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CHAPTER 2 GRAPHICAL AND COMMAND-LINE QUERY TOOLS
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The CREATE LOGIN statement adds a new login to a SQL Server Express instance. See 8 for extensive discussion and demonstrations on how to use this T-SQL statement.
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You can work around the short input and output rule for the sqlcmd utility by using additional sqlcmd statement switches beyond those demonstrated already. When you need to run more than a couple of lines of statements, you can put the code into a file and then reference the file from a sqlcmd statement. There are two ways to accomplish this. First, you can use the i command-line switch following sqlcmd. The argument for the i switch is the path and file name containing the statements that you want to reference. There is no need to delimit the path and file with quotes (unless there are special characters, such as spaces, in a path name). Second, you can enter the :r sqlcmd keyword in response to a sqlcmd prompt, such as 1>. This keyword takes a string in double quotes to denote the path to a file. With either the i switch or the :r keyword, you can replace a set of statements with a single reference to a path and file. In fact, you can even debug the statements in Express SSMS and later run the statements in the file quickly and easily with the sqlcmd utility. The sqlcmd utility is ideally suited for rerunning a set of T-SQL statements whenever an IT professional or power user needs those statements run.
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Using the i Switch to Reference a File of Statements
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The statements in a file that you reference with the i switch can contain T-SQL statements, sqlcmd statements, or both types of statements. The three statements in Figure 2-5 start with the USE keyword to set the database context for two SELECT statements that follow it. The USE keyword is valid in both Express SSMS and the sqlcmd utility. The code portrayed in Figure 2-19 is saved as SQLQuery2_f0219.sql in the C:\ProSSEApps\02 path on my test computer. The command prompt window in Figure 2-26 shows the syntax for the i switch pointing at SQLQuery2_f0219.sql. Notice the statement s compact form. The statement has just two switches: one to denote a server instance name ( S) and another to denote a file with statements ( i). The argument for the i switch points at Query2_f0205.sql in its path on the C drive of the local computer. The code in SQLQuery2_f0219.sql changes the database context to AdventureWorks and runs two SELECT statements. The output, which appears below the sqlcmd statement, shows the outcome from each SELECT statement. When you use the i switch with a sqlcmd statement, the sqlcmd utility never presents a prompt for interactive use. Instead, the statements within the file pointed at by the i switch run, and control returns to another command prompt. You do not have to exit the sqlcmd utility to get to another command prompt.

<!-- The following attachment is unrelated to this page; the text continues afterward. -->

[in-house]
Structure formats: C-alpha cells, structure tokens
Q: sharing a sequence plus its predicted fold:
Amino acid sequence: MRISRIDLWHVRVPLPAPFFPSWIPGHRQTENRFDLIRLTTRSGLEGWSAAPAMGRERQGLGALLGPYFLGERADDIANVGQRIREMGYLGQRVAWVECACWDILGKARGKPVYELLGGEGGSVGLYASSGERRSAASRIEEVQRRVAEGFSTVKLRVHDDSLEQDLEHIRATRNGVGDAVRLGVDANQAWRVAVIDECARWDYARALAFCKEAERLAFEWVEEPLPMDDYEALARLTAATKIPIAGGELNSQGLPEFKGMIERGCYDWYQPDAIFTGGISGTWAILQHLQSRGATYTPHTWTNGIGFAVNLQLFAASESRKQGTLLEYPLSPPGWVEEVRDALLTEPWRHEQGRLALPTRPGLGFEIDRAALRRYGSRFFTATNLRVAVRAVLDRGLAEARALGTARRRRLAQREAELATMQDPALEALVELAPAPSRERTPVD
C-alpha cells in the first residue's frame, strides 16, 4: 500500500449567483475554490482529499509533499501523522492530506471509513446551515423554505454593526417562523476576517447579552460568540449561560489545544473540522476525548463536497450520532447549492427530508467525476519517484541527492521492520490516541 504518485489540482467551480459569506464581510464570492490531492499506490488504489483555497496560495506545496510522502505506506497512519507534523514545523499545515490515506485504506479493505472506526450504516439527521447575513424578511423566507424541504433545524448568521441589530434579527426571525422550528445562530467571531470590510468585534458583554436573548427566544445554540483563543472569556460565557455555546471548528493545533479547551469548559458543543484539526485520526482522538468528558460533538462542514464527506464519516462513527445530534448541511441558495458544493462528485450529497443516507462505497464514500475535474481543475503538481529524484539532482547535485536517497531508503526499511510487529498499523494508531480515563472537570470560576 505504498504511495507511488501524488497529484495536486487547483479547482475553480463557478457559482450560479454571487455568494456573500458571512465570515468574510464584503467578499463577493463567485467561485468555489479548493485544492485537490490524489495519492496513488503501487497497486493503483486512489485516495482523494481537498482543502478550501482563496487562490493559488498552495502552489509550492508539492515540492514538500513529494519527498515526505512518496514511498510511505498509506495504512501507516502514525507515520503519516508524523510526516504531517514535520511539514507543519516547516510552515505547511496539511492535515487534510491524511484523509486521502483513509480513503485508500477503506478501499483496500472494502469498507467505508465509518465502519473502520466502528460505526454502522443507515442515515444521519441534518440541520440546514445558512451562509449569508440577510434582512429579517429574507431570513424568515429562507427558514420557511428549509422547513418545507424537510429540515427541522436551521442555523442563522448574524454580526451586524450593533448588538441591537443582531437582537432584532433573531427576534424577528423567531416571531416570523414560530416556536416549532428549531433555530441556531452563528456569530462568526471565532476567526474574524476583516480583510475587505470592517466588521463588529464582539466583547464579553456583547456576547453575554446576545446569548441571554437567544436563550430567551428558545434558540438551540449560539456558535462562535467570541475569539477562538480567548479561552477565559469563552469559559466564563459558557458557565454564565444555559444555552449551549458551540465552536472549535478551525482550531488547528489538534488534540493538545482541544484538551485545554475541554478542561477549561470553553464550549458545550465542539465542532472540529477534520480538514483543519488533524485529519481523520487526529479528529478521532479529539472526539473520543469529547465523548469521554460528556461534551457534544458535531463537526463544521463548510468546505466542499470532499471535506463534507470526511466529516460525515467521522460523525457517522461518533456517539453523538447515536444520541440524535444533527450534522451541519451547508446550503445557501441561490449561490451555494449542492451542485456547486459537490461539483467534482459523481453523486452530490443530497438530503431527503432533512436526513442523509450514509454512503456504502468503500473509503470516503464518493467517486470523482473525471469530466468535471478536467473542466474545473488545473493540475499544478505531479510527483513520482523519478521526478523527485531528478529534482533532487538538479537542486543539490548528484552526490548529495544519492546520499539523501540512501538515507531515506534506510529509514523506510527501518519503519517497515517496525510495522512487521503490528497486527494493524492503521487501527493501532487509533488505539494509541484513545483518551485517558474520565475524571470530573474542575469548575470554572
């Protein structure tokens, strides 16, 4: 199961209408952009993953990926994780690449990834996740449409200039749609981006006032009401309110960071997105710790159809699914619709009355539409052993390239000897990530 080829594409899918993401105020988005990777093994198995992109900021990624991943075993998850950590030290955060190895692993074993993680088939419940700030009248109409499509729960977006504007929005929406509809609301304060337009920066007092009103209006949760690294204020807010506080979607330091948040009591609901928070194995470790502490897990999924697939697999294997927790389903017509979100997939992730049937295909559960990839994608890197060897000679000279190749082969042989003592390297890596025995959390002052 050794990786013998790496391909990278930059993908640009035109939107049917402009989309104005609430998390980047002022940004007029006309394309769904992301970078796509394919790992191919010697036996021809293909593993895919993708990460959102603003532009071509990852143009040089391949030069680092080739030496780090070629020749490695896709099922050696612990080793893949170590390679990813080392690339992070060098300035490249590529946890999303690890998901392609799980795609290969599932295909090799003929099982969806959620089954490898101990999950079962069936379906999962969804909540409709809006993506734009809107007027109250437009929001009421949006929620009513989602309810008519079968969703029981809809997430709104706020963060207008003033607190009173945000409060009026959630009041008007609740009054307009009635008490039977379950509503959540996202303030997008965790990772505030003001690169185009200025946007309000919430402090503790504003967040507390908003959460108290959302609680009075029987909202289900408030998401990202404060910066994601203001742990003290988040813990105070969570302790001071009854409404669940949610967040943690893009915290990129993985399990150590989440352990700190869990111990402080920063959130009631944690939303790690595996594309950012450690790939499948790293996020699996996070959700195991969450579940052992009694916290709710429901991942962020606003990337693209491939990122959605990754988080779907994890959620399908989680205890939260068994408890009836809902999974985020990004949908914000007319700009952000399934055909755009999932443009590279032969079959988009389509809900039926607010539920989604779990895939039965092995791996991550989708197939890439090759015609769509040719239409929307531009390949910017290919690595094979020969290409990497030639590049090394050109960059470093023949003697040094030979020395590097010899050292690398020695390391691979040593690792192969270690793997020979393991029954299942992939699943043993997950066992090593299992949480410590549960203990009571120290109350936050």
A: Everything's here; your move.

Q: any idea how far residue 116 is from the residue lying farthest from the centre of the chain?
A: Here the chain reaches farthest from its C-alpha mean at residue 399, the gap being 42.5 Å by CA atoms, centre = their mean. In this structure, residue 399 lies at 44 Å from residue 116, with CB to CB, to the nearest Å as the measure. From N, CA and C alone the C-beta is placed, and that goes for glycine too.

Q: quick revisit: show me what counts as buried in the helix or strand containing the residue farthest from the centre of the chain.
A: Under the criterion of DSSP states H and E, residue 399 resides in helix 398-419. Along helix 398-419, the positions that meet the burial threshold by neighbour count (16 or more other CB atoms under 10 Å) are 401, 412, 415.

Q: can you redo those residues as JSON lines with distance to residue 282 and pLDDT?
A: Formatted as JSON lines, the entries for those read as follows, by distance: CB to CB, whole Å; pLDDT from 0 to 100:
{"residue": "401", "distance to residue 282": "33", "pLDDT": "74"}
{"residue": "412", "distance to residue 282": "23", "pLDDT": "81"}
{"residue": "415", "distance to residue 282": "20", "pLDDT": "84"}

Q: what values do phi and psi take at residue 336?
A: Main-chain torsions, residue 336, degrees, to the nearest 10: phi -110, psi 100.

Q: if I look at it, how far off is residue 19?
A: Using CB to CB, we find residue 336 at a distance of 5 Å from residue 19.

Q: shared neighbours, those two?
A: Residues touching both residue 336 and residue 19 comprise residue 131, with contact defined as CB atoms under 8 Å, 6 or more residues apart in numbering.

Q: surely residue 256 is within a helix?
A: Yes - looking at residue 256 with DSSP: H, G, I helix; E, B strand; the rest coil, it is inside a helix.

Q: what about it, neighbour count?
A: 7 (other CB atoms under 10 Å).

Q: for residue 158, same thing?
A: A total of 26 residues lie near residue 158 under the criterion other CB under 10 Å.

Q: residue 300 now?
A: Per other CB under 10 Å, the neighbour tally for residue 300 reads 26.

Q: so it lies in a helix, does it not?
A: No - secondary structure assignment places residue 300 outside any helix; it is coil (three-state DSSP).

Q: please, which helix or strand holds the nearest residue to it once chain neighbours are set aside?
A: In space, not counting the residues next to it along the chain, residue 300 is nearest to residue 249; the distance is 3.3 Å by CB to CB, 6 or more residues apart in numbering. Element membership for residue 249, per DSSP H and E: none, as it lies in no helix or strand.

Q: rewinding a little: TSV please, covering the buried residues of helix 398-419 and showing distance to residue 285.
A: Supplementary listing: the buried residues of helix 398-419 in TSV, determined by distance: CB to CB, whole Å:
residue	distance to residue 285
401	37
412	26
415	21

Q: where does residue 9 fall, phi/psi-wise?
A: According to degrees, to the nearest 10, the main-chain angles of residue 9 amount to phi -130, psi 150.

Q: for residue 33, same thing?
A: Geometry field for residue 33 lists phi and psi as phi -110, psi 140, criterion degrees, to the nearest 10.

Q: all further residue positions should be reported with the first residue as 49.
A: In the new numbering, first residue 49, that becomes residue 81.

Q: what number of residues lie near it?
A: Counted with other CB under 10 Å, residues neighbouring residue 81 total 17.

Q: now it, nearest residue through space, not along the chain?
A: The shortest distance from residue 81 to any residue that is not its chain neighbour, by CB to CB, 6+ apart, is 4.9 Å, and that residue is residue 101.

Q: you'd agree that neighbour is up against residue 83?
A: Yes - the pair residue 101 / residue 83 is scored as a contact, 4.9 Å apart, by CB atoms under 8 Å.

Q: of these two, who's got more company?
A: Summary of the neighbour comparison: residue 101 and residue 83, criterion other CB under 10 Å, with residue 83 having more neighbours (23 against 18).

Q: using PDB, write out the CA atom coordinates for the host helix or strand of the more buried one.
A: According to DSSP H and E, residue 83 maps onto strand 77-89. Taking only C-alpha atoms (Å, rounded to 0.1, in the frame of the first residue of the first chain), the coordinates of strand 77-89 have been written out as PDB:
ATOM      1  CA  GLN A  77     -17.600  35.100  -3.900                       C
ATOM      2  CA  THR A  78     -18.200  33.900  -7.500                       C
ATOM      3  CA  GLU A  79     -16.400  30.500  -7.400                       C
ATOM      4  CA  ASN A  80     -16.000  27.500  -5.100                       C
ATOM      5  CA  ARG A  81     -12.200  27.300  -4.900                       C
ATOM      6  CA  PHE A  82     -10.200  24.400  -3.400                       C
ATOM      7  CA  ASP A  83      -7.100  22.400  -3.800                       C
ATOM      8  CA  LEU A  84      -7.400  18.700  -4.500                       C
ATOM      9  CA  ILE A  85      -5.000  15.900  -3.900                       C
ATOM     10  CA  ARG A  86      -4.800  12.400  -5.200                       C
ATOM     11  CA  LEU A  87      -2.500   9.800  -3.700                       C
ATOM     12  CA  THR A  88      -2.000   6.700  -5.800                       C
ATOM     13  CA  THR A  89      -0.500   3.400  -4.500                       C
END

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CHAPTER 2 GRAPHICAL AND COMMAND-LINE QUERY TOOLS
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Figure 2-26. Use the i switch in a sqlcmd statement to refer to a file with statements to run.
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The :r keyword operates from within the sqlcmd utility. When you run a statement with the keyword, control remains within the sqlcmd utility. Unlike statements with the :serverlist keyword, statements with the :r keyword do not automatically execute. You need to invoke the GO keyword to run a batch of statements that includes the :r keyword. It takes a minimum of two statements to run a statement with the :r keyword. The first statement starts with the keyword followed by the path and file name containing the T-SQL or sqlcmd statements that you wish to run. The path and file name must appear in double quotes. The following sample uses a script saved from Express SSMS with a .sql file extension. However, you are not restricted to reading from .sql files. For example, you can specify a .txt file type instead of a .sql file type. The essential point is that the file referenced by the :r keyword must contain valid T-SQL and sqlcmd statements. Unless you add a second line with the GO keyword, the code in the file pointed at by the :r statement will not execute. The following script excerpt shows necessary lines for running the code in SQLQuery2_f0219.sql. The statements generate output within the sqlcmd utility that looks like that within Figure 2-26. 1>:r "c:\prosseapps\chapter02\SQLQuery2_f0219.sql" 2>GO
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